So, yes, it's a challenge. But for most hotel marketers, it's also just more of where you already are today. Google (and Facebook for that matter) have always had lots more data about potential customers than you do. The (data) rich will end up richer; the (data) poor may end up poorer.
Instead of worrying about cookies, why not think about what you want to do about where we are and where we're heading? Less data from ad platforms makes your email list, your CRM, your guest reviews -- the data you do have -- more valuable, and more important for you to use to your advantage. You must work with your agency to develop strategies for how you can continue to measure the effectiveness of your ad spend appropriately. But also focus on how you can make your existing data work harder going forward to ensure you're not left without cookies... or crumbs.
It's an environment that has been very valuable from a targeting perspective for any industry. However, the reality that privacy is being placed back in the hands of the consumer is coming and wise organizations who monetize on such services need to find a way actively to prepare for that new world.
Just this week in Australia, Google was found against for misleading user opt in for location tracking on Android devices. The company is to be penalized as a result. There will be more of this as we move forward.
In the grand scheme of things I see it as a return to the marketing world of old where there is a general target audience of people that a business aimed to reach. Although the upside will be that due to the connected nature of technology there should still be a level of circular information flow and the ability to see the results of the campaign effort in a measurable way. Albeit not down to the individual level.
I also anticipate there will be some type of opt-in approach where if the customer is willing to be more deeply engaged with a business they will be able to make that choice. More importantly they will also have direct control over removing their approval as well. The potential exists for an even deeper connection with the tribe.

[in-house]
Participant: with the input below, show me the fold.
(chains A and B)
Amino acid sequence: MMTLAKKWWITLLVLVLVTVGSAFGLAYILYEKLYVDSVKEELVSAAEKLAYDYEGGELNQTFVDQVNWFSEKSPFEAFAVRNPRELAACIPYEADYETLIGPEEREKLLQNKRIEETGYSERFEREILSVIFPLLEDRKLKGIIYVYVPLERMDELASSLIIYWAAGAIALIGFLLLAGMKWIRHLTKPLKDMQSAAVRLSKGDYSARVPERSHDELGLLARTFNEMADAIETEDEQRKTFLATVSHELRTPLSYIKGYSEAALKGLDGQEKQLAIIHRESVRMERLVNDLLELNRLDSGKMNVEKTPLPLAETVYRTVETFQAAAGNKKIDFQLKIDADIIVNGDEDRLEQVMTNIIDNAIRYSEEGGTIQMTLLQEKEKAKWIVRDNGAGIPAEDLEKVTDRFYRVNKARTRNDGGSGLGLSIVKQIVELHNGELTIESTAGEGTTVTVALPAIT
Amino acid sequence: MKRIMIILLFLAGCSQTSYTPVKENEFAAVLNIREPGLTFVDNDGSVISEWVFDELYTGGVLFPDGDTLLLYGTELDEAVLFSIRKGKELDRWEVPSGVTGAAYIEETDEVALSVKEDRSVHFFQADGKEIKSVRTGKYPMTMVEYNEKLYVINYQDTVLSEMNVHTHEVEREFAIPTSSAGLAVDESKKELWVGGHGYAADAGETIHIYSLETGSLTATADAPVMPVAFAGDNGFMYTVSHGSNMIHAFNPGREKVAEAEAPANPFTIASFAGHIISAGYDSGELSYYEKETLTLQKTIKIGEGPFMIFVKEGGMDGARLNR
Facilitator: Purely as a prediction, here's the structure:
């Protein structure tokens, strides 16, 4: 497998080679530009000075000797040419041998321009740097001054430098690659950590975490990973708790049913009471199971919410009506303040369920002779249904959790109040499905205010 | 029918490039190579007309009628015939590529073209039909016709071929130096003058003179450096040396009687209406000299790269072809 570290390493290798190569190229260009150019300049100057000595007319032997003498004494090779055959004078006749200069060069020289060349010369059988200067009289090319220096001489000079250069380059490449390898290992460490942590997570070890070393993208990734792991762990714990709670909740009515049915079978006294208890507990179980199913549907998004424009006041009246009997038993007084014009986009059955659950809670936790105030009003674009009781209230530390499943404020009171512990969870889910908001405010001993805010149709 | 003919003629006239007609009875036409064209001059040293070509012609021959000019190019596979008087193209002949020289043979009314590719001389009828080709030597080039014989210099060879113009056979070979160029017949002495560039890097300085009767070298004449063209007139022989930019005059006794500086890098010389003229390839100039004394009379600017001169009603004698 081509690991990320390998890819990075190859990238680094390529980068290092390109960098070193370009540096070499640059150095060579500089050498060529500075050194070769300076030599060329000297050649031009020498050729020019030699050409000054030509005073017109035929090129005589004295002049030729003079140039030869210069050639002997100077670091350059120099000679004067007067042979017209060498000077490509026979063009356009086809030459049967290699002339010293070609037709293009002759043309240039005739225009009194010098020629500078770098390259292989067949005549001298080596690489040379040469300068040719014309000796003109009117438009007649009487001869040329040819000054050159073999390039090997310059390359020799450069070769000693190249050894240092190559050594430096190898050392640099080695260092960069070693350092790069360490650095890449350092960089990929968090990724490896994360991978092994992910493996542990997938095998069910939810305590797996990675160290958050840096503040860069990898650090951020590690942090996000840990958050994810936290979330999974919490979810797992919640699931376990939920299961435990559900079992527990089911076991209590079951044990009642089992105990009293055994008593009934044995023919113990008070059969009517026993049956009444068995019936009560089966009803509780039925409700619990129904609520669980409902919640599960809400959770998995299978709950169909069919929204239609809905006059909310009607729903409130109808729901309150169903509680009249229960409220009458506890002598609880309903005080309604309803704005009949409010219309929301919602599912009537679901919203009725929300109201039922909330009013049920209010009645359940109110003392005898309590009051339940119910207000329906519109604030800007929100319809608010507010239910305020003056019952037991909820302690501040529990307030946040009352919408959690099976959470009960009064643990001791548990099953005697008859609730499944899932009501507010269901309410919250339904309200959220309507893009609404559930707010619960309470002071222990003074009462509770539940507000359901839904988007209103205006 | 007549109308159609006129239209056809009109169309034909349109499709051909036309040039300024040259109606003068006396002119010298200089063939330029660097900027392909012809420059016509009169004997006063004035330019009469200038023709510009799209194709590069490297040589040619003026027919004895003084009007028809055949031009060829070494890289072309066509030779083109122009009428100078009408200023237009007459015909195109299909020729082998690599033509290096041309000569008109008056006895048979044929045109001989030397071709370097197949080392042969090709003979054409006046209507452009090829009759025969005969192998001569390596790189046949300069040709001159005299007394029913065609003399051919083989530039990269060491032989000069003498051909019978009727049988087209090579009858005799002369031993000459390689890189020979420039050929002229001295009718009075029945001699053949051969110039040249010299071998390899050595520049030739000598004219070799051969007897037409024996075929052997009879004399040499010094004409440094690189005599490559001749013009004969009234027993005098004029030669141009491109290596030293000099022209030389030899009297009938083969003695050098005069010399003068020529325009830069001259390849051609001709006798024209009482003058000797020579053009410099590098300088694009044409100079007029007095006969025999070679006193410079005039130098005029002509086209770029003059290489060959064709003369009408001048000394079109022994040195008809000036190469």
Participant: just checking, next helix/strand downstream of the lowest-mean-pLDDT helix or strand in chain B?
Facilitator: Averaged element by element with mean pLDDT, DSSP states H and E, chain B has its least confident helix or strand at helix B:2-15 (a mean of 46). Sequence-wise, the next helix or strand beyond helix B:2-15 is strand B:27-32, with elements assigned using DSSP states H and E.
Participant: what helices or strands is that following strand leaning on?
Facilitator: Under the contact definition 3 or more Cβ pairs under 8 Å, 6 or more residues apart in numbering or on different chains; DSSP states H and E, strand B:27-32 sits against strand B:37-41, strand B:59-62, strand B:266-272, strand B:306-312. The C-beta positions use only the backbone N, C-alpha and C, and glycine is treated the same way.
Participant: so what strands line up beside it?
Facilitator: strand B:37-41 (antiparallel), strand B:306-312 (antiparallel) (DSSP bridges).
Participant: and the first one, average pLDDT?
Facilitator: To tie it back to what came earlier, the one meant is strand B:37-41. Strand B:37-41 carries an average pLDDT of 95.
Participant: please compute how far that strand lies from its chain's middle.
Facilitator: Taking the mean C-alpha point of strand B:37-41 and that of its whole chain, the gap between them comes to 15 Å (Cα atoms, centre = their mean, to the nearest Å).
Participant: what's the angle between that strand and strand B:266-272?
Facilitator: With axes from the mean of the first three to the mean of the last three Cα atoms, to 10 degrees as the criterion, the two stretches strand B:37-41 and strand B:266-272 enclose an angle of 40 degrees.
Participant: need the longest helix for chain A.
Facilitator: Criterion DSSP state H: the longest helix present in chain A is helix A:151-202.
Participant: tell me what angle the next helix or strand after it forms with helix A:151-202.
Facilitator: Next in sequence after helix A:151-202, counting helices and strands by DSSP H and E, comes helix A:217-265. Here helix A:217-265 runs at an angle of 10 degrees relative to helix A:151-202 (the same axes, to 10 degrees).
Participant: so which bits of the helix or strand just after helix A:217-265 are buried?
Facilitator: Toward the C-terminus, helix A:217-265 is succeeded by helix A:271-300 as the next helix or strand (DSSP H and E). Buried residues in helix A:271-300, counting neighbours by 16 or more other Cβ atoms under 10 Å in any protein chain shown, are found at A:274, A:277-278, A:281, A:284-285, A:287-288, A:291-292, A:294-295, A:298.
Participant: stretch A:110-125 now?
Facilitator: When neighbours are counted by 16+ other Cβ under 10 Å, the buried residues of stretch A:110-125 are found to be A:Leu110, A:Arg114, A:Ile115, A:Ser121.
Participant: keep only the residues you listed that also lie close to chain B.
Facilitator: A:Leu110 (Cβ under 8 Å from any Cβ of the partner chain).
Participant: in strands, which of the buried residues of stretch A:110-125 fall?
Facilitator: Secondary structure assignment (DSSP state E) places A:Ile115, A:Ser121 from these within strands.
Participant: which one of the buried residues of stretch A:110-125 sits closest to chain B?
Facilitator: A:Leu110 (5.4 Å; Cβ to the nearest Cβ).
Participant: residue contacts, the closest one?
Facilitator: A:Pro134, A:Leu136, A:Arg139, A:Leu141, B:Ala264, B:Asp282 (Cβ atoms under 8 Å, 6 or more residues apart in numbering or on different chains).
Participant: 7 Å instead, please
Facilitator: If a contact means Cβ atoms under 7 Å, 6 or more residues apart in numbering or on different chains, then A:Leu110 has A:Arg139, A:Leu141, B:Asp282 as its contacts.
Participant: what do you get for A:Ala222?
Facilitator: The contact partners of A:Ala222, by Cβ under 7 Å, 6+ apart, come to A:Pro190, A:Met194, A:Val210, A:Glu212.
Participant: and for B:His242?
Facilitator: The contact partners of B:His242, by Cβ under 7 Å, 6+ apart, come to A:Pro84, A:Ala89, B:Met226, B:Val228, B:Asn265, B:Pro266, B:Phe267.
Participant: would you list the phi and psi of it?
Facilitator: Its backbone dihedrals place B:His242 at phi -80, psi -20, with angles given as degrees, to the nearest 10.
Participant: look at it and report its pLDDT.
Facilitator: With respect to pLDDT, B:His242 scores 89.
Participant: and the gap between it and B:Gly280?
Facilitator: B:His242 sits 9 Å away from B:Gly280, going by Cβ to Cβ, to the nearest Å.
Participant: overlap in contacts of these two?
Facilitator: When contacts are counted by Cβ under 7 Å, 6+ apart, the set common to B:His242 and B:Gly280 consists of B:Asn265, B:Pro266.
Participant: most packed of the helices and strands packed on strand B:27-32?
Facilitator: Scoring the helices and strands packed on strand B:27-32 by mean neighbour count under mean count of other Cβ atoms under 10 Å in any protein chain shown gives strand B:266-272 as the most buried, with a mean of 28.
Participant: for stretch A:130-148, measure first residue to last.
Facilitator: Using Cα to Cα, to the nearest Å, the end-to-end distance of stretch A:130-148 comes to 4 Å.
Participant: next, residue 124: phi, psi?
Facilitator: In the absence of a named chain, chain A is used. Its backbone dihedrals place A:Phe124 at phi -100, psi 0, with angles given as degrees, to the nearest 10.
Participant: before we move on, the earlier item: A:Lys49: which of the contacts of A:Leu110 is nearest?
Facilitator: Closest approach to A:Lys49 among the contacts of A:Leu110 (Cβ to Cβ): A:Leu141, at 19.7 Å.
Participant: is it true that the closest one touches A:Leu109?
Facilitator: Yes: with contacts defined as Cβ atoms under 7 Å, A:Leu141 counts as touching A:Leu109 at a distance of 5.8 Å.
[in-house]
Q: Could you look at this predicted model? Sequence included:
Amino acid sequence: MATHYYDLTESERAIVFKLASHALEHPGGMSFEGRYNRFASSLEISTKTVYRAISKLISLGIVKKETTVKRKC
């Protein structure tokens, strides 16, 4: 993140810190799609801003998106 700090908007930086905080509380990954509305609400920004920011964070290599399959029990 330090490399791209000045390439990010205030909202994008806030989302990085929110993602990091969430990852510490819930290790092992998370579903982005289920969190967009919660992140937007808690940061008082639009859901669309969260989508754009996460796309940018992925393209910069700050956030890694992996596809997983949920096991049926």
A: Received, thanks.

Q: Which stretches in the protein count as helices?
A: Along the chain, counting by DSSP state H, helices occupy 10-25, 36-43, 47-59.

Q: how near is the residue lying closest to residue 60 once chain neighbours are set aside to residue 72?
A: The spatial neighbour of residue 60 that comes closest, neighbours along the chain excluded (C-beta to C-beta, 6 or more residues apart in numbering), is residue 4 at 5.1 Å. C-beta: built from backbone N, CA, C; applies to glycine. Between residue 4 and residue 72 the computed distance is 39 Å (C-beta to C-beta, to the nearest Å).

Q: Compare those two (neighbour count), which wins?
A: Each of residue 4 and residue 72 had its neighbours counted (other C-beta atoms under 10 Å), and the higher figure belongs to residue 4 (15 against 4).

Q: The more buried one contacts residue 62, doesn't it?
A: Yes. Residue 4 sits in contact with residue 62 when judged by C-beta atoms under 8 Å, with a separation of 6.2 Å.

On the topic of flow through from independent booking engine technology to broader content management platforms and performance tracking, this has long bee a challenge for the industry. Most websites technology in our industry is separate because of the disparate nature of vendor providers and software solutions. Eventually this will drive an impetus toward making the customer information the core data piece and treating the reservations (for any product or service) as a child record. This is a true CRM driven approach to the business and as we shift toward a shopping cart experience I anticipate that industry vertical tech will give way to above industry tech and improve the singular nature of this part of customer engagement and data. Such an environment is available off the shelf and largely free for many other business verticals!
Although with the new digital customer it's not just about bookings anymore. There are also the rest of the interactions that take place through the guest journey that are also siloed in information repositories.
We've come a long way. We still have a long way to go! Ours the future!
The central concept of cohort tracking is nothing new: we can clearly spot the similarities between Google's FLoC and Facebook's Lookalike Audience. I doubt that, for the end-user, there will be any significant difference, and even Google stated that the new system is at least 95% as effective as individual targeting.